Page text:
With retail business undergoing a great change, operators in the branch must innovate new ways to cope in the toughening competition. Pioneering companies trust new technology. Virtual and augmented reality solutions in particular are expected to introduce all new concepts in the field and possibilities for improving the customer experience. What solutions are already available on the global market? And how does the future of augmented reality (AR) and virtual reality (VR) look?
“Augmented and virtual reality have been sliding down the Gartner hype cycle for the last few years. Last year, VR exited the cycle, meaning that it is no longer a purely hyped tech, but is ready for a mainstream adoption,” explains Ksenia Avetisova, the Head of Enhanced Reality Lab at Tieto. “One can also look at the investments in AR and VR projects to see how the technology is becoming more accepted by investors. In 2017, these amounted to some $3,5 B.”
With the investments on the rise, AR and VR facilitated implementations also become more impressive. Telia specialist Janne Timonen mentions a solution at a bus stop that has also gone viral: “Pepsi Max sponsors an augmented reality show to display alien attacks or free-roaming wild animals, for instance, and people will then take photos or selfies with this visualisation.”
“Another example is the Burger King app that shows a Burn That Ad banner that mobile users can tap while pointing their smartphone camera at a rival’s advert. The advert will then be immersed in a blazing inferno that burns it away to reveal a mobile coupon with which the user can have a free Whopper burger from the chain’s nearest location,” Timonen explains. “In my opinion, implementations that go viral are currently the most interesting ones.”
Avetisova considers that one of the most interesting AR implementations these days is the Amazon application with which the user can “scan” any real-life object. The application will then look the product or item up online and the user can buy it in the online marketplace. “I also value implementations where the user can try out virtual objects in a real environment, for example, seeing how a new piece of furniture fits at home. With the ability to try the product before you buy, the shopping experience is smoother. I believe that AR and VR solutions will first and foremost affect brand loyalty, customer experience and commitment.” (The article continues below the podcast.)
On the podcast, Ksenia Avetisova and Janne Timonen are discussing of possibilities of augmented and virtual reality.
Better devices and more innovative content
For AR and VR to become more commonplace, both interesting applications and high-quality, reasonably-priced devices are needed. Timonen assumes that people will not start using AR and VR applications if they see no reason to do so. This is why it is vital that companies innovate plenty of content that people will want to consume.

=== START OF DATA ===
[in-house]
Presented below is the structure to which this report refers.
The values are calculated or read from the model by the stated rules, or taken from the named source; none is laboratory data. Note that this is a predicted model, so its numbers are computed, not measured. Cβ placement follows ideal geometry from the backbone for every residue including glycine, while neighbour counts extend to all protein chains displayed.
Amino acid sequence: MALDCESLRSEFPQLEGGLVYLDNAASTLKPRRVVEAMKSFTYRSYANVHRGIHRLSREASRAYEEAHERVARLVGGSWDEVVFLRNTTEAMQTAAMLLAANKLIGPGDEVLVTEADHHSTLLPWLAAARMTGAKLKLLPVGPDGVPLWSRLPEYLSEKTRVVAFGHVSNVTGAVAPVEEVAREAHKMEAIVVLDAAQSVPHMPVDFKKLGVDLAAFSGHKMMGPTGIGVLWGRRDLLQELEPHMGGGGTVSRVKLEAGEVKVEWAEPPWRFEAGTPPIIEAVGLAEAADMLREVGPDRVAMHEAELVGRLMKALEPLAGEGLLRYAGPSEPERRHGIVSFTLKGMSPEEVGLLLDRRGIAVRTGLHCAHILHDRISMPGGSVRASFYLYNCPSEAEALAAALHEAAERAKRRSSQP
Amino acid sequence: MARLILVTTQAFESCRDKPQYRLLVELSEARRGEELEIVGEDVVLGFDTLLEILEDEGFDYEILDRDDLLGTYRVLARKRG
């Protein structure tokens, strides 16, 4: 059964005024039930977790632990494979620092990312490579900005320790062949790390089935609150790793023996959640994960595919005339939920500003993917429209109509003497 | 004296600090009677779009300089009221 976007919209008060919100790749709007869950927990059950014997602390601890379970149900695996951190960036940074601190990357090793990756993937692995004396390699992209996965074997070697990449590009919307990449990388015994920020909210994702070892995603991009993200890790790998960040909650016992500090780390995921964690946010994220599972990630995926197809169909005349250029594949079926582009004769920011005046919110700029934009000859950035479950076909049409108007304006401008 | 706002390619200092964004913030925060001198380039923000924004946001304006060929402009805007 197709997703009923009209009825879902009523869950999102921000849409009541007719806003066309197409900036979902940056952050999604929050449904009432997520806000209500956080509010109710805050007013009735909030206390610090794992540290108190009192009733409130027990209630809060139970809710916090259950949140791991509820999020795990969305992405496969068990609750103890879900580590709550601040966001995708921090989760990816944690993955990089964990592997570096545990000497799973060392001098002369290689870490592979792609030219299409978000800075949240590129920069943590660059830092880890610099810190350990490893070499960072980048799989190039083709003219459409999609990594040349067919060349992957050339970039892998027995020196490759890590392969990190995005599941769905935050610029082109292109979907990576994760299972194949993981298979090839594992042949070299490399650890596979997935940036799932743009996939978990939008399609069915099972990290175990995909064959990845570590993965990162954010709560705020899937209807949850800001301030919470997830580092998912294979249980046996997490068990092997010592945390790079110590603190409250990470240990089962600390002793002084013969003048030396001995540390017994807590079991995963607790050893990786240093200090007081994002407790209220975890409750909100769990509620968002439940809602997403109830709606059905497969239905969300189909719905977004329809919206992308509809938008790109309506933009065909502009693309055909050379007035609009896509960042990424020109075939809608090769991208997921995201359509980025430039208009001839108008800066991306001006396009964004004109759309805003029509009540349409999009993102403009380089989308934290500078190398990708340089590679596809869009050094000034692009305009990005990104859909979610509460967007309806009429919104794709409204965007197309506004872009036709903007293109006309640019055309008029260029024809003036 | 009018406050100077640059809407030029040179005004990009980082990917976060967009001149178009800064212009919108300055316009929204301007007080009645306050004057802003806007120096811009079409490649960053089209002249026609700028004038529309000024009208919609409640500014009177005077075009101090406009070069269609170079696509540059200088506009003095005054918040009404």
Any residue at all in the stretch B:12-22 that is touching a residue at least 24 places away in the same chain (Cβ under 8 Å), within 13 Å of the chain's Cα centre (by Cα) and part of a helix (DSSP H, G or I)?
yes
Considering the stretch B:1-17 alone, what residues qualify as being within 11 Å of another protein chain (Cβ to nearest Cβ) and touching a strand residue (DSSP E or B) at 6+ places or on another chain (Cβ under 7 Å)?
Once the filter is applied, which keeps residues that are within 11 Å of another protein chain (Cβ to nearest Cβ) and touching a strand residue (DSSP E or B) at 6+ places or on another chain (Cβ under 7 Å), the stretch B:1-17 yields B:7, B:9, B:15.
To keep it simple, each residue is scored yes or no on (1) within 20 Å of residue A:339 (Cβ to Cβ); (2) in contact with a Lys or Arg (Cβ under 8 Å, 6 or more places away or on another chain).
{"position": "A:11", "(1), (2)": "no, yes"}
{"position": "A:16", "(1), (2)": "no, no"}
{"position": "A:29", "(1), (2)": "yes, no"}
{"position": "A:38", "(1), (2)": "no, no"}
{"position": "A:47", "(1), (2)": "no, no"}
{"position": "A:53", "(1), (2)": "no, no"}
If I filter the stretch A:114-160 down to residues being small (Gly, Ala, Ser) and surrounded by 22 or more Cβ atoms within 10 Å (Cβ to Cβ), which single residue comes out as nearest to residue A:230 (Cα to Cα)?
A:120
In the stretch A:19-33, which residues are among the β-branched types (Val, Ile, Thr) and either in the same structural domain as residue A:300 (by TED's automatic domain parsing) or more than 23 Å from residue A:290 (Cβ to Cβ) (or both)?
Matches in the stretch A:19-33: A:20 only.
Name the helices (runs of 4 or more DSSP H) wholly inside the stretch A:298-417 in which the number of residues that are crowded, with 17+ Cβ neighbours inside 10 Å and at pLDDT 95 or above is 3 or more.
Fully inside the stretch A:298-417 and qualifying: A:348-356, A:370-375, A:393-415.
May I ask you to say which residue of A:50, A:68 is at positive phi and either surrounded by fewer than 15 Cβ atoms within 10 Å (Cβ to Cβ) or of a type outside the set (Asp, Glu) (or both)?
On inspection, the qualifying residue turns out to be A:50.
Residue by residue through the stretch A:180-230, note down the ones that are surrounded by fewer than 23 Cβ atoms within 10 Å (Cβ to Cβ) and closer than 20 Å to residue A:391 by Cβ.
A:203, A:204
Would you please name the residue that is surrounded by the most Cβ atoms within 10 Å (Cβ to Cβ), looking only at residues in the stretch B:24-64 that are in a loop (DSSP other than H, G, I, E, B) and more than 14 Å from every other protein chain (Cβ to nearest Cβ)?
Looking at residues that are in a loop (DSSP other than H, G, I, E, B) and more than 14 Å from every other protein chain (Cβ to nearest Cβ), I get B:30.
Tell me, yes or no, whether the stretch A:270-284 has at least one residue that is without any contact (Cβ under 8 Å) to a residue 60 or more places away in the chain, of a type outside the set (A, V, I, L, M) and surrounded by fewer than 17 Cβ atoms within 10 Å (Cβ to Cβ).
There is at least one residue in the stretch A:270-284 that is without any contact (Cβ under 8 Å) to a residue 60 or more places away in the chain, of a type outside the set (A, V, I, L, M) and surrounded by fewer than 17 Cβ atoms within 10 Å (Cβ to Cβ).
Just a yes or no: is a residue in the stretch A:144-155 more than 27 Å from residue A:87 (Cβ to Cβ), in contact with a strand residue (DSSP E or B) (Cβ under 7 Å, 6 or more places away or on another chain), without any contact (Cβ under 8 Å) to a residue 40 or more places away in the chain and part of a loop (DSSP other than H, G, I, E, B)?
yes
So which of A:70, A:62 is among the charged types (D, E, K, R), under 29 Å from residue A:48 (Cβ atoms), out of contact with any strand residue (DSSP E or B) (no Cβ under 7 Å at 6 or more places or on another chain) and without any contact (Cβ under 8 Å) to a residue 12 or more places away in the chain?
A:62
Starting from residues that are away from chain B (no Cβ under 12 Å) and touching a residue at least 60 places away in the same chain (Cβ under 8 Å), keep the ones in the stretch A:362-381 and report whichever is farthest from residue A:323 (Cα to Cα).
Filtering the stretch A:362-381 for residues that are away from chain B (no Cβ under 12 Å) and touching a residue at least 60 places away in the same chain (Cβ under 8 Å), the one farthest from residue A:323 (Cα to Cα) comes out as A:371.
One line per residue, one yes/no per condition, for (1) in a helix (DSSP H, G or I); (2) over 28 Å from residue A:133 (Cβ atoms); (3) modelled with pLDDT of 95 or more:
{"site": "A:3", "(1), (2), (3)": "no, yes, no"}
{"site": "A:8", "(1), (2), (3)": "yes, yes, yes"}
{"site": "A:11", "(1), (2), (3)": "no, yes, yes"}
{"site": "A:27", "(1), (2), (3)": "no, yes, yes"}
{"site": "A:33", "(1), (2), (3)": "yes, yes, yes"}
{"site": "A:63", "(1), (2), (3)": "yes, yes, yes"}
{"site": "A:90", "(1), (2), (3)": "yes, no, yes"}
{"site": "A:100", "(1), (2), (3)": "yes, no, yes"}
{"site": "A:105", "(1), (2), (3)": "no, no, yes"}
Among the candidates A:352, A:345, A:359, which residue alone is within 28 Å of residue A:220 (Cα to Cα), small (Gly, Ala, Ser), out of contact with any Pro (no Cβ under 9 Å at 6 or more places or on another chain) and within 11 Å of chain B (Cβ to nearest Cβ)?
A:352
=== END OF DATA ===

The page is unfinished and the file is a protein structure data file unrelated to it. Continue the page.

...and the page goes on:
“The current technology is still at its infancy, the landscape is changing constantly and the crucial ingredient is content creativity and a variety of applications that address the needs of people,” Avetisova adds. “In my opinion, concepts where extended reality is combined with the physical world are ones that work best. For example, a ready-built Lego world can feature virtual characters using an AR solution. These characters could then walk in the castle you have built and interact with you. This would be something truly committing,” Avetisova praises. “That solution would encourage the person to buy more Lego blocks so that the user can access also other digital content provided by the add-ons.”
Timonen is waiting for the extended-reality goggles to get more developed to expedite the adoption of the technology. “I have heard rumours that Apple would introduce advanced AR goggles this year. When the goggles are priced appropriately, they will become mainstream. This, in turn, will force companies to develop content for people to consume.”
“In addition, the 5G network is paving the road for the development of AR and VR technologies,” Timonen continues. “Minimal lag and short loading time are crucial in AR and VR applications. In augmented reality, for example, this can be seen in situations where the user should observe a moving object while the user is moving.”
The high connection speed and minimal latency of the 5G network make it possible to keep the data in the cloud, enabling quick downloads to the terminal device. “With the 5G network, the user will no longer have to make compromises because of the storage capacity of the device to enjoy AR and VR experiences,” Avetisova points out. “People these days are really impatient - three seconds is sometimes too long a wait! With 5G, the users can access content without delay, which drastically improves the user experience.”
Tieto strongly believes in use cases enabled by 5G, for example in industrial uses. This is one of the reasons the company has, among the first, joined Telia’s 5G Finland network. “Innovations are built in ecosystems. We work with Telia to ensure that Finland can be a pioneer in using new technologies,” Avetisova concludes.
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